EACJ to handle criminal cases
Powers of the East African Court of Justice (EACJ) will in the near future involve trial of cases of a criminal nature, including genocide and crimes against humanity.
The EACJ Registrar, Dr John Eudes Ruhangisa, told the Independent East African News Agency (EANA) in an exclusive interview that the changes were in accordance with an equally recent directive from the region’s Heads of State.
“It is true the expansion of the Court’s jurisdiction to include matters involving crimes against humanity is being considered and this is in accordance with the Summit directive. This means that the court will have jurisdiction to handle matters such as genocide and others like the case of the Kenyan suspects now before the ICC,” Prof Ruhangisa says.
Both the Court and East Africa have competent judges who can handle these kinds of matters, he says in the interview to be released soon. The interview, conducted in English, will also be available in Kiswahili and French within the region and beyond. But there is a caveat, he admits. The organizational capacity, the human and financial resources among other things, will be a major challenge. Those matters will have to be solved first, he adds.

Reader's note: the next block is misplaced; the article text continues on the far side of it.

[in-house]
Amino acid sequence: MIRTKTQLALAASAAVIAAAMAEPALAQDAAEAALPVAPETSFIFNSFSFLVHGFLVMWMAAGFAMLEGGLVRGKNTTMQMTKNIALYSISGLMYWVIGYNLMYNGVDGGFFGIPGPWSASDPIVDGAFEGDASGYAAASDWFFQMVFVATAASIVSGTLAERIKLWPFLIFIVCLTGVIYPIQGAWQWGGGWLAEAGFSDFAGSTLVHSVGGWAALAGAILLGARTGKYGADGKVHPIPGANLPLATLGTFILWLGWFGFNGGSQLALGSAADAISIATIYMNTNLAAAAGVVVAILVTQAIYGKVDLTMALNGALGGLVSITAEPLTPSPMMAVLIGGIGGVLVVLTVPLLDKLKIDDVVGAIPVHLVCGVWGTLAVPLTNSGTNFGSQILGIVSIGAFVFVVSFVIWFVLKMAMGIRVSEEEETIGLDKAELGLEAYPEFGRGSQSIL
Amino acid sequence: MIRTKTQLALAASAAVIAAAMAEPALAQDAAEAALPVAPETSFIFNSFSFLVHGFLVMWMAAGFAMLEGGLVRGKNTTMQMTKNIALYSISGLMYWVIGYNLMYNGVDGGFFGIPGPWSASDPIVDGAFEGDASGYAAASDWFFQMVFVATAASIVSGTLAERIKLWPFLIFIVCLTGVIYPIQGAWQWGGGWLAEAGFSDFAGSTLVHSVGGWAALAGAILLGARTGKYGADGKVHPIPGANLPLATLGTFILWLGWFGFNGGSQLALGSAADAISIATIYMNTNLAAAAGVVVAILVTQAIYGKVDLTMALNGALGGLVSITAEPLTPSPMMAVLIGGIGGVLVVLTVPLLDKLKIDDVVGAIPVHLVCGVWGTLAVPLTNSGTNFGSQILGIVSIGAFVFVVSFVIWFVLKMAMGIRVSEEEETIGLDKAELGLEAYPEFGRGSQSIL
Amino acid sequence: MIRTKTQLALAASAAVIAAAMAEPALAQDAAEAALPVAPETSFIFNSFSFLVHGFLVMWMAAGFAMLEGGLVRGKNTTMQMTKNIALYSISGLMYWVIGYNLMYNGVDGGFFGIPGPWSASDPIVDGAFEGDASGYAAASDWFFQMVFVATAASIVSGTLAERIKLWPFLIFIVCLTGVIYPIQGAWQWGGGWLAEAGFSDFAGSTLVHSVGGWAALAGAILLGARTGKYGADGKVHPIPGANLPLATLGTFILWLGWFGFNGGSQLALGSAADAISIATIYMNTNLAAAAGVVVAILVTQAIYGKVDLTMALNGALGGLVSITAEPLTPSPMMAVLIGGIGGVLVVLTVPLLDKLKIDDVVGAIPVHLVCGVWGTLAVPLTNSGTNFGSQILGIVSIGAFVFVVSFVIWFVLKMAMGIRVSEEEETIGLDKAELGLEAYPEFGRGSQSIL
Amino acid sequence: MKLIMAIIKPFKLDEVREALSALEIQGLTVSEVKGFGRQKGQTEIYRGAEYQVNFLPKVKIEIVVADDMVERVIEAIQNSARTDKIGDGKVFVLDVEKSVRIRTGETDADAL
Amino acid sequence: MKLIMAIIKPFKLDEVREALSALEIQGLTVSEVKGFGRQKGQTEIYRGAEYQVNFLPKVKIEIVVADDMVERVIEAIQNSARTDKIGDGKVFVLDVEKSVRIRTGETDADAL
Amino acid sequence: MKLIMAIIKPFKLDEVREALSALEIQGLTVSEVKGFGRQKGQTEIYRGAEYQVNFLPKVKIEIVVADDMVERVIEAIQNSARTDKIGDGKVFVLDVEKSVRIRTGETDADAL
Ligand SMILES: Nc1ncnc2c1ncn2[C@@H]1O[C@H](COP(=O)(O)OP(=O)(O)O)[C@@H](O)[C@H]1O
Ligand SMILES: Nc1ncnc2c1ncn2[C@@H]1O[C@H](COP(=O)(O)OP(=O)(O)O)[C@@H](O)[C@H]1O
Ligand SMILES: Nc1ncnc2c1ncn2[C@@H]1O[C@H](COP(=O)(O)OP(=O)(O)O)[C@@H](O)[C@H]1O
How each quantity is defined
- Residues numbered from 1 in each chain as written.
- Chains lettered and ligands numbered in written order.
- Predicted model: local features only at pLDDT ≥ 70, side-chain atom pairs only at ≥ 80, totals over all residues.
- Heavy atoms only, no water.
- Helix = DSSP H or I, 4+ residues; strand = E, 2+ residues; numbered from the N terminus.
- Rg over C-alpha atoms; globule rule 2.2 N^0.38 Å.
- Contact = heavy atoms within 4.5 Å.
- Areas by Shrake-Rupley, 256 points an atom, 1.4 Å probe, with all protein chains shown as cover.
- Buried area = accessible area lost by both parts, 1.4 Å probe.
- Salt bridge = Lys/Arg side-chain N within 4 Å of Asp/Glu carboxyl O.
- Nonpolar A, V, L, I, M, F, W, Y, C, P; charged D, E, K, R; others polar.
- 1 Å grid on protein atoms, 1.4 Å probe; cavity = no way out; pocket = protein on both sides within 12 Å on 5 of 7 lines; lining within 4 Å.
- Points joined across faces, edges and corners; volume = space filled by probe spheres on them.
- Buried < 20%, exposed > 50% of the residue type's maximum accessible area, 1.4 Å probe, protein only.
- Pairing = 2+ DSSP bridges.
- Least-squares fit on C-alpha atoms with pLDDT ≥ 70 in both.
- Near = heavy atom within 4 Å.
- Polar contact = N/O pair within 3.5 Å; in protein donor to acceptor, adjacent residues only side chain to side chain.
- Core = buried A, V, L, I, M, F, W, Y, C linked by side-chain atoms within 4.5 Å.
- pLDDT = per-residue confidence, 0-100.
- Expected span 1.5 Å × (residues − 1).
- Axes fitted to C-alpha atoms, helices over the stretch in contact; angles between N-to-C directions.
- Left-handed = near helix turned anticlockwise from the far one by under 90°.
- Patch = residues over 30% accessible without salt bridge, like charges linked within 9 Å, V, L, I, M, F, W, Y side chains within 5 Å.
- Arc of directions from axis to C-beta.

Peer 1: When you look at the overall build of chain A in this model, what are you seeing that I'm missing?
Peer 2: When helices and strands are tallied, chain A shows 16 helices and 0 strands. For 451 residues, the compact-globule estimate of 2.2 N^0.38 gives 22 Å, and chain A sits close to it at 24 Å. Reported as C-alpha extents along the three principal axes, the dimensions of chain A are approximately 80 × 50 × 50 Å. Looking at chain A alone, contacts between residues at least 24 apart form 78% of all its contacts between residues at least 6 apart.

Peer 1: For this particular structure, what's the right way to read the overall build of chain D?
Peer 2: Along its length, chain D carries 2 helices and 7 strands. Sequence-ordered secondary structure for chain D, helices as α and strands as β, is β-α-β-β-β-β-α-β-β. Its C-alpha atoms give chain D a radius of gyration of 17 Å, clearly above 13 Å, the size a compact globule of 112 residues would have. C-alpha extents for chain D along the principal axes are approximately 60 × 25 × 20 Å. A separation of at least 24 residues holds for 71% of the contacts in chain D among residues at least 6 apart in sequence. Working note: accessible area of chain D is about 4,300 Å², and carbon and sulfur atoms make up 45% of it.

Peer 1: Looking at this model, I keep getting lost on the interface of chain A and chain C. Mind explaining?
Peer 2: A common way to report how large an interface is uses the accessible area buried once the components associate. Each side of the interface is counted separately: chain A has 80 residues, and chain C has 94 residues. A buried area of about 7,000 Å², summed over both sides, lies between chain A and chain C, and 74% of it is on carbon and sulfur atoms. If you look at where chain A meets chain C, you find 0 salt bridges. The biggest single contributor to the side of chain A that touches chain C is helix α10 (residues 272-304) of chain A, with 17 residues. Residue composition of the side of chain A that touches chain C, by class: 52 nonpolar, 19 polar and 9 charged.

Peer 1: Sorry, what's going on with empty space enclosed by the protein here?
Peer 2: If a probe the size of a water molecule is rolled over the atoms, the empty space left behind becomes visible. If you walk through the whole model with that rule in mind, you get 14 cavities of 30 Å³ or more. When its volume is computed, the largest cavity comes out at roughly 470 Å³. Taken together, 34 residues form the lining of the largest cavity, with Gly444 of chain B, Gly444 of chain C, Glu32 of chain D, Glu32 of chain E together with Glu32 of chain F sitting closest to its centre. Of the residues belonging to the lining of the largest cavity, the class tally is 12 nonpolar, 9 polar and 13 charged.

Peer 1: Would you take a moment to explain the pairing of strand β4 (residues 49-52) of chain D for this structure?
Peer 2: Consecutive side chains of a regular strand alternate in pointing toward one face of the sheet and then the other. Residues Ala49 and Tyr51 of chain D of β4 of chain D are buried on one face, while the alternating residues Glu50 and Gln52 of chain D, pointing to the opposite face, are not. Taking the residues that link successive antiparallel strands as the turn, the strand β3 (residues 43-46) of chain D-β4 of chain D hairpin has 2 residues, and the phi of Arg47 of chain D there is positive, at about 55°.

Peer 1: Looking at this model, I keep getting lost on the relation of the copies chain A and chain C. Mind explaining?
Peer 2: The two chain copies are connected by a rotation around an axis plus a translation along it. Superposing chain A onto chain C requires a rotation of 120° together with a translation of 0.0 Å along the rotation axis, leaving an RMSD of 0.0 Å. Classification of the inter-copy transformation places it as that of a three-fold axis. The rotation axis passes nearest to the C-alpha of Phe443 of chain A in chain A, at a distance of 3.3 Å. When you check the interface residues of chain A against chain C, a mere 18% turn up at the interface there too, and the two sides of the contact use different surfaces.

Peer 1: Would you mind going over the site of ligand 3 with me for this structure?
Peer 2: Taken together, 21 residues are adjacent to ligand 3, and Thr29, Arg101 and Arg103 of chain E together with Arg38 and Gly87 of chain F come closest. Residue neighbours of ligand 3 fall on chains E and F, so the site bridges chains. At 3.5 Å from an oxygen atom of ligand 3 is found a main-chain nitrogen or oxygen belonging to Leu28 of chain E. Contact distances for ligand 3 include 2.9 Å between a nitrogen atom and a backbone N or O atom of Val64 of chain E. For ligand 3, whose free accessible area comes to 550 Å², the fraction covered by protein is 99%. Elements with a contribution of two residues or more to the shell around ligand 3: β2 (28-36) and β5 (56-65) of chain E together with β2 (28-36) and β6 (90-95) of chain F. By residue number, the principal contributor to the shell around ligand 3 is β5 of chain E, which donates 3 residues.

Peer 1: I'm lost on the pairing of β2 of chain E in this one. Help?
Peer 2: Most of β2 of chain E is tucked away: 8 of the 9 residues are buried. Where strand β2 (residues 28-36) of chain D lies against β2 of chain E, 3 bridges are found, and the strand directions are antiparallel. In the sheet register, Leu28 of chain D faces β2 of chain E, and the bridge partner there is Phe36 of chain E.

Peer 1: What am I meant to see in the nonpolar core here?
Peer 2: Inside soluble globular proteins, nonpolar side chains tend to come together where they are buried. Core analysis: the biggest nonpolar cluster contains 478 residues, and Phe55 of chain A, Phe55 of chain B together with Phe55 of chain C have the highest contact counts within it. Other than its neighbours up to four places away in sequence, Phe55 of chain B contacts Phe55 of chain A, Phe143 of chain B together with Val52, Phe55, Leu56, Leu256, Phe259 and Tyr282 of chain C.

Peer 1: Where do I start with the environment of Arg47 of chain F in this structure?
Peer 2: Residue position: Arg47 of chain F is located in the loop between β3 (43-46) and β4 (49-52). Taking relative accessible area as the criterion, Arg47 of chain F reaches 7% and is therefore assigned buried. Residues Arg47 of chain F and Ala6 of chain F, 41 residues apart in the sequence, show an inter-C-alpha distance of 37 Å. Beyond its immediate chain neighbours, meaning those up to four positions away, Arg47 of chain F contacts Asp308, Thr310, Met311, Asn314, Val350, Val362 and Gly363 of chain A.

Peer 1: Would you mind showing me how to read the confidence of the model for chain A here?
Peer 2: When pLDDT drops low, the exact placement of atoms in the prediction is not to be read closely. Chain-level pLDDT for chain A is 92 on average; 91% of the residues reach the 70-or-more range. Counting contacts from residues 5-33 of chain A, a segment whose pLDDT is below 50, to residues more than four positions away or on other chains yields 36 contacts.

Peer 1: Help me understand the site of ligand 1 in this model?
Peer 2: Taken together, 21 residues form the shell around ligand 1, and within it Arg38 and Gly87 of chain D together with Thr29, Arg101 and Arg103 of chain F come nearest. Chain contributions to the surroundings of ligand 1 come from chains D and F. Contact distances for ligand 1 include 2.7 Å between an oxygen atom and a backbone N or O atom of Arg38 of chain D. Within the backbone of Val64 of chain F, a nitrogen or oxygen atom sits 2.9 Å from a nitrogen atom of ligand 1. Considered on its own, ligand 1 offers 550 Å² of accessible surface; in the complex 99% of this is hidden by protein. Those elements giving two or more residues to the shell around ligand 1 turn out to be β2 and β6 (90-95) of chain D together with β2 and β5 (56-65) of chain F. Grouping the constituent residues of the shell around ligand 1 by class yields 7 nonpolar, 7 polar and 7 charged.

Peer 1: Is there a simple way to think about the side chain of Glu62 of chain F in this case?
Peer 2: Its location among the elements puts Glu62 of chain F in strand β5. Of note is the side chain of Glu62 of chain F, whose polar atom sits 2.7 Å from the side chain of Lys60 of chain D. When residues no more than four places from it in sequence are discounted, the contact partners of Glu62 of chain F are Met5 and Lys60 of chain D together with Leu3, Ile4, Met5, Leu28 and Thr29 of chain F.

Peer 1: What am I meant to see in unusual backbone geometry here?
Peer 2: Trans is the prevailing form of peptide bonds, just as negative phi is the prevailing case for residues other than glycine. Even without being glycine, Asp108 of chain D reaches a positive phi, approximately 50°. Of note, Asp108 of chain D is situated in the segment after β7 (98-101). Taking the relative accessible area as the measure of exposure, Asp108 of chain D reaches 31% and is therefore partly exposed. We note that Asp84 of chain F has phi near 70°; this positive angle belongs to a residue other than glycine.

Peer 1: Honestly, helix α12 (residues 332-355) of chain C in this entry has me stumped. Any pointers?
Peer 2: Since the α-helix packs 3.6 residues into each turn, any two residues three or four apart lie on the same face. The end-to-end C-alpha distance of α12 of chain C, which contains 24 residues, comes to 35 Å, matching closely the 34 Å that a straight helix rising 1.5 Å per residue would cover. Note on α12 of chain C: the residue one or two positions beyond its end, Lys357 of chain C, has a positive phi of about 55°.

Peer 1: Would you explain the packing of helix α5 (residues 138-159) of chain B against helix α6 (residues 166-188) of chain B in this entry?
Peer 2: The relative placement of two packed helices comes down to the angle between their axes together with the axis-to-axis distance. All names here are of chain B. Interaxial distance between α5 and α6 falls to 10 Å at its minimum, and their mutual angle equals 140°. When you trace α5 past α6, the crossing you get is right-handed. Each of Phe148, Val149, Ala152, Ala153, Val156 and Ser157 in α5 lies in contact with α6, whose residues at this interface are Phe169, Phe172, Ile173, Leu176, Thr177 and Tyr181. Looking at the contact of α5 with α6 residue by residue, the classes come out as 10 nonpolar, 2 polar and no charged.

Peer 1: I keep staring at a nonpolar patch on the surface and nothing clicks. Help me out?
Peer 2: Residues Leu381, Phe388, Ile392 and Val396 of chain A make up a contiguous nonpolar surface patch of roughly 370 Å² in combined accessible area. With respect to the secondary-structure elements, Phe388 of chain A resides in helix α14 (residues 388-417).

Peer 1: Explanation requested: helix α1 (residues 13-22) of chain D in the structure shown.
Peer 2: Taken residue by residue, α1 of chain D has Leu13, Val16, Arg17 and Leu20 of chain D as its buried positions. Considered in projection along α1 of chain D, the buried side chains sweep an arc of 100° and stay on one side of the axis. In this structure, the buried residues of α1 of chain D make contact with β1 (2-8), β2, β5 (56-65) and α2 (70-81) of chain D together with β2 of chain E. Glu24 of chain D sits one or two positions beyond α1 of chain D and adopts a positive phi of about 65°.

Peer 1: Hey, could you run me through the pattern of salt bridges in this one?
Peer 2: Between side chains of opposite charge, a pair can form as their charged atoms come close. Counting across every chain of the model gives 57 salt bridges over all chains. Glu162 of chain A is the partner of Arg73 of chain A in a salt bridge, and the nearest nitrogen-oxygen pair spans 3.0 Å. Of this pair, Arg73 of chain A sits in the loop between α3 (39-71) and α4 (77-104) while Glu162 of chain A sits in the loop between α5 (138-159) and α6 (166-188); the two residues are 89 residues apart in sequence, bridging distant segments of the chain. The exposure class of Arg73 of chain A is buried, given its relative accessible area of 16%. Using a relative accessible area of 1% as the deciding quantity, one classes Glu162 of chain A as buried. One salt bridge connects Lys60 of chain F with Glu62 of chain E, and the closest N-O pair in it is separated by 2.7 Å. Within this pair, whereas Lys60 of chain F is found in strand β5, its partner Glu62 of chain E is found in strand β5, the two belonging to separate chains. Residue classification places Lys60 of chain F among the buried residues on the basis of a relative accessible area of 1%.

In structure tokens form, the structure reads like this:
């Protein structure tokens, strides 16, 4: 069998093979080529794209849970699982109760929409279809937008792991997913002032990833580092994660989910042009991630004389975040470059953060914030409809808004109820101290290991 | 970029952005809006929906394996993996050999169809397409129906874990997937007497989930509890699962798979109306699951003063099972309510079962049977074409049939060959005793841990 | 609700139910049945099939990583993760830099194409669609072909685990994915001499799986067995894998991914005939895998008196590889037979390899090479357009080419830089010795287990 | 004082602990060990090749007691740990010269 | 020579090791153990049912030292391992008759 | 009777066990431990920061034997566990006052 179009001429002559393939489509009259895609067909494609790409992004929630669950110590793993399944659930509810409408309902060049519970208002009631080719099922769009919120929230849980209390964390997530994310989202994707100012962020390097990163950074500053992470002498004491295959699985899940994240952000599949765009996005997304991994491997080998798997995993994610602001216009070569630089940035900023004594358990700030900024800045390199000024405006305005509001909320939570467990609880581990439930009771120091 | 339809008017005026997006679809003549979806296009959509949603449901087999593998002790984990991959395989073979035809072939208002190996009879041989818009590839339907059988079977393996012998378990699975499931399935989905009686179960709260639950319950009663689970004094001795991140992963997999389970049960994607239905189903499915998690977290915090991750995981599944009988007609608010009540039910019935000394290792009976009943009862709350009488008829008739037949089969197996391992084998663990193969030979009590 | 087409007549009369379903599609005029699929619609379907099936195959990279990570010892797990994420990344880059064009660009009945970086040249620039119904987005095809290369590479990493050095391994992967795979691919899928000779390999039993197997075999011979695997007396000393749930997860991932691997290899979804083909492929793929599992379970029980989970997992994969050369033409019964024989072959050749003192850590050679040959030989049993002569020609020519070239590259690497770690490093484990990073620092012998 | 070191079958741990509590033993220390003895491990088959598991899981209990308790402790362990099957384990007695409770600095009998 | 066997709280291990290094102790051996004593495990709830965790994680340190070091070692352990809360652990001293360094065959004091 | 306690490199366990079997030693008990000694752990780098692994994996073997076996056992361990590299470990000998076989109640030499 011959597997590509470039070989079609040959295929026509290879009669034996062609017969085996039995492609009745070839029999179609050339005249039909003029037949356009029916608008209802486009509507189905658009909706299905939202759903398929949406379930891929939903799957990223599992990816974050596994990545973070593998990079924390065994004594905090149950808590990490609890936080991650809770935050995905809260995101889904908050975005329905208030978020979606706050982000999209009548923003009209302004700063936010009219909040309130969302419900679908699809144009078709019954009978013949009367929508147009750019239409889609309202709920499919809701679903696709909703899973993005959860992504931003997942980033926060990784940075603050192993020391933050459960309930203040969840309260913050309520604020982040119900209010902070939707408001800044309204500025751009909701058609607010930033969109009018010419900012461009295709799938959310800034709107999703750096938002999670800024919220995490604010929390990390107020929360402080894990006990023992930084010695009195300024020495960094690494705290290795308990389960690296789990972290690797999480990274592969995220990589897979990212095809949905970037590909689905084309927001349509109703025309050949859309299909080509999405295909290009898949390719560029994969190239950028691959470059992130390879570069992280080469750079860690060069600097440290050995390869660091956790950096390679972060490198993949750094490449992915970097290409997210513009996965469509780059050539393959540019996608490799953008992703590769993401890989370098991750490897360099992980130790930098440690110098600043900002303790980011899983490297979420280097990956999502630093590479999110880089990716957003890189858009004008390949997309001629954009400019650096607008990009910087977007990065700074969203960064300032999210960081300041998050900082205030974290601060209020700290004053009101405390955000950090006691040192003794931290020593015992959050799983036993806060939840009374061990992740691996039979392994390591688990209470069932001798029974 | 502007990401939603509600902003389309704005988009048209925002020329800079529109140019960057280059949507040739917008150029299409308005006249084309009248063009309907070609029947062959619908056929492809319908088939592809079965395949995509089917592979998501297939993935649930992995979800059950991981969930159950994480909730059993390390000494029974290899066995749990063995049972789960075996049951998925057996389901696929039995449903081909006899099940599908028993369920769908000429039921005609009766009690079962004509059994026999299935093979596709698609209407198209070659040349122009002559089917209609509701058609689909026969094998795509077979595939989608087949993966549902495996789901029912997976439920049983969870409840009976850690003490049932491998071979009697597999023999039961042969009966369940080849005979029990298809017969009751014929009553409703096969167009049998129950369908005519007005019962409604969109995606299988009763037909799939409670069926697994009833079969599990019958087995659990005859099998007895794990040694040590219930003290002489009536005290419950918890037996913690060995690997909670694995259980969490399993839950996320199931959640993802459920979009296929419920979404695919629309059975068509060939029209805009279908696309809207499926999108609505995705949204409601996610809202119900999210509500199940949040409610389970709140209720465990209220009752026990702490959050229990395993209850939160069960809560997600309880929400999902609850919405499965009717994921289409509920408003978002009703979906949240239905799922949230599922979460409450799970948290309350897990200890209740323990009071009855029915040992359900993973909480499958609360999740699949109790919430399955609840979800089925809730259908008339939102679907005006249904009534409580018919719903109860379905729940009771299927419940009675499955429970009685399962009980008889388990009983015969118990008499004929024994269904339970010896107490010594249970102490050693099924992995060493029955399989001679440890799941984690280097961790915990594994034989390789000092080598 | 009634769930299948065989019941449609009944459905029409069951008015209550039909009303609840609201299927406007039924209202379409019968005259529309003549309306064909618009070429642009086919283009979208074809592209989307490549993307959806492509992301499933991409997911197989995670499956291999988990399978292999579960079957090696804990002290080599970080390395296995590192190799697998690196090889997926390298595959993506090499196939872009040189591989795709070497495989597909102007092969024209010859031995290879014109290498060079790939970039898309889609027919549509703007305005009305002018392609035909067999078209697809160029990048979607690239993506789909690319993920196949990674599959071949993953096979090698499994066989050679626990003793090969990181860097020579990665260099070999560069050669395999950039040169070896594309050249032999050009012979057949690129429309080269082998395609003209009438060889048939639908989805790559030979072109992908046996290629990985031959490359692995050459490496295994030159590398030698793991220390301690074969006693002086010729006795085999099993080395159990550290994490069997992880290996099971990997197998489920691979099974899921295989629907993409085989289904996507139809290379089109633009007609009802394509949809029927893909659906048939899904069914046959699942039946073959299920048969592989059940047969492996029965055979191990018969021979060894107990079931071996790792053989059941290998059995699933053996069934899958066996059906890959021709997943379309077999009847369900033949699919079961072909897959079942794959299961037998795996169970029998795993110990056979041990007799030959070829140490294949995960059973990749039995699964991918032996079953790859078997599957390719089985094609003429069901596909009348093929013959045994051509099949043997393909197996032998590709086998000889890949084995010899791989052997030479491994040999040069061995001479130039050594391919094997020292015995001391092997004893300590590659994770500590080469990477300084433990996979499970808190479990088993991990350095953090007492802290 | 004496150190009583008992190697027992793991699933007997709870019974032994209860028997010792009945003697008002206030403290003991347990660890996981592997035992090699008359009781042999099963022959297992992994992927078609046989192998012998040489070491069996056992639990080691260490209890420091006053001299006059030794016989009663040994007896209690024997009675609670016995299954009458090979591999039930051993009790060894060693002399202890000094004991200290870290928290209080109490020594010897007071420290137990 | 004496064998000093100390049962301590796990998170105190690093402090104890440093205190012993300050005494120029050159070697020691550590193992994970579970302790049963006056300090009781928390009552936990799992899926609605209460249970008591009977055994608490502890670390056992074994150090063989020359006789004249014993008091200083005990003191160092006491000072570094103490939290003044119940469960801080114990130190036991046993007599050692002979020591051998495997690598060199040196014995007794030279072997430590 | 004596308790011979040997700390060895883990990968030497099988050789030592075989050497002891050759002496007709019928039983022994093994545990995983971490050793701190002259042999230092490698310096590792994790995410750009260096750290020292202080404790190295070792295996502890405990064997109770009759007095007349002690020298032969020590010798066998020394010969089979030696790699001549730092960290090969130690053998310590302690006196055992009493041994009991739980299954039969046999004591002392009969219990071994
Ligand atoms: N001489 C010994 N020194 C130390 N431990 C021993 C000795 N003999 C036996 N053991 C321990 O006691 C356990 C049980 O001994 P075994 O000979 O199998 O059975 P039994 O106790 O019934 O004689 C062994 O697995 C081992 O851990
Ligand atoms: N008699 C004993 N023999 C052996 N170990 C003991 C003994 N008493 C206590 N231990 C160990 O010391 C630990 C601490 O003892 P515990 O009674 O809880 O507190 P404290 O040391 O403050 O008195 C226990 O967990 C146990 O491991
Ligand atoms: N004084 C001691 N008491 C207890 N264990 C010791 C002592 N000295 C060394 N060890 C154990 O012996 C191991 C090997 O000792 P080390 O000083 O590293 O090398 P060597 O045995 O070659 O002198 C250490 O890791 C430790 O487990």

For the court to be able to handle matters of a criminal nature, it will require the establishment of a prosecution department, investigation department, witness protection department and prisons where the accused can be remanded pending prosecution and incarceration upon conviction. “It is technically and practically possible but a lot needs to be taken into consideration before moving in that direction,” he advises.
Otherwise, the court has already established sub-registries in all the five partner states that will be launched next month (August). The matter was approved by the region’s Council of Ministers in November last year, Prof Ruhangisa added. The sub-registries will enable the people in the region to know better the work of the EACJ, which together with the East African Legislative Assembly (EALA) are among the key integration organs of the now more than a decade old revived East African Community (EAC) that hopes to move gradually to political federation.
The 1994 genocide in Rwanda led to the establishment of the International Criminal Tribunal for Rwanda (ICTR) under the United Nations while four Kenyans are currently facing possible trial for crimes against humanity at the International Criminal Court (ICC) at The Hague, Netherlands following the 2007 post-election violence in which hundreds were killed and thousands left homeless and internally displaced.
Should the EACJ move to the next stage of criminal trials, the region would have edged a notch higher in efforts to put its destiny in its own hands and possibly never again to see a repeat of what happened in Rwanda and Kenya. Currently, the EACJ handles mostly civil matters.
By MBONEKO MUNYAGA, Tanzania Daily News
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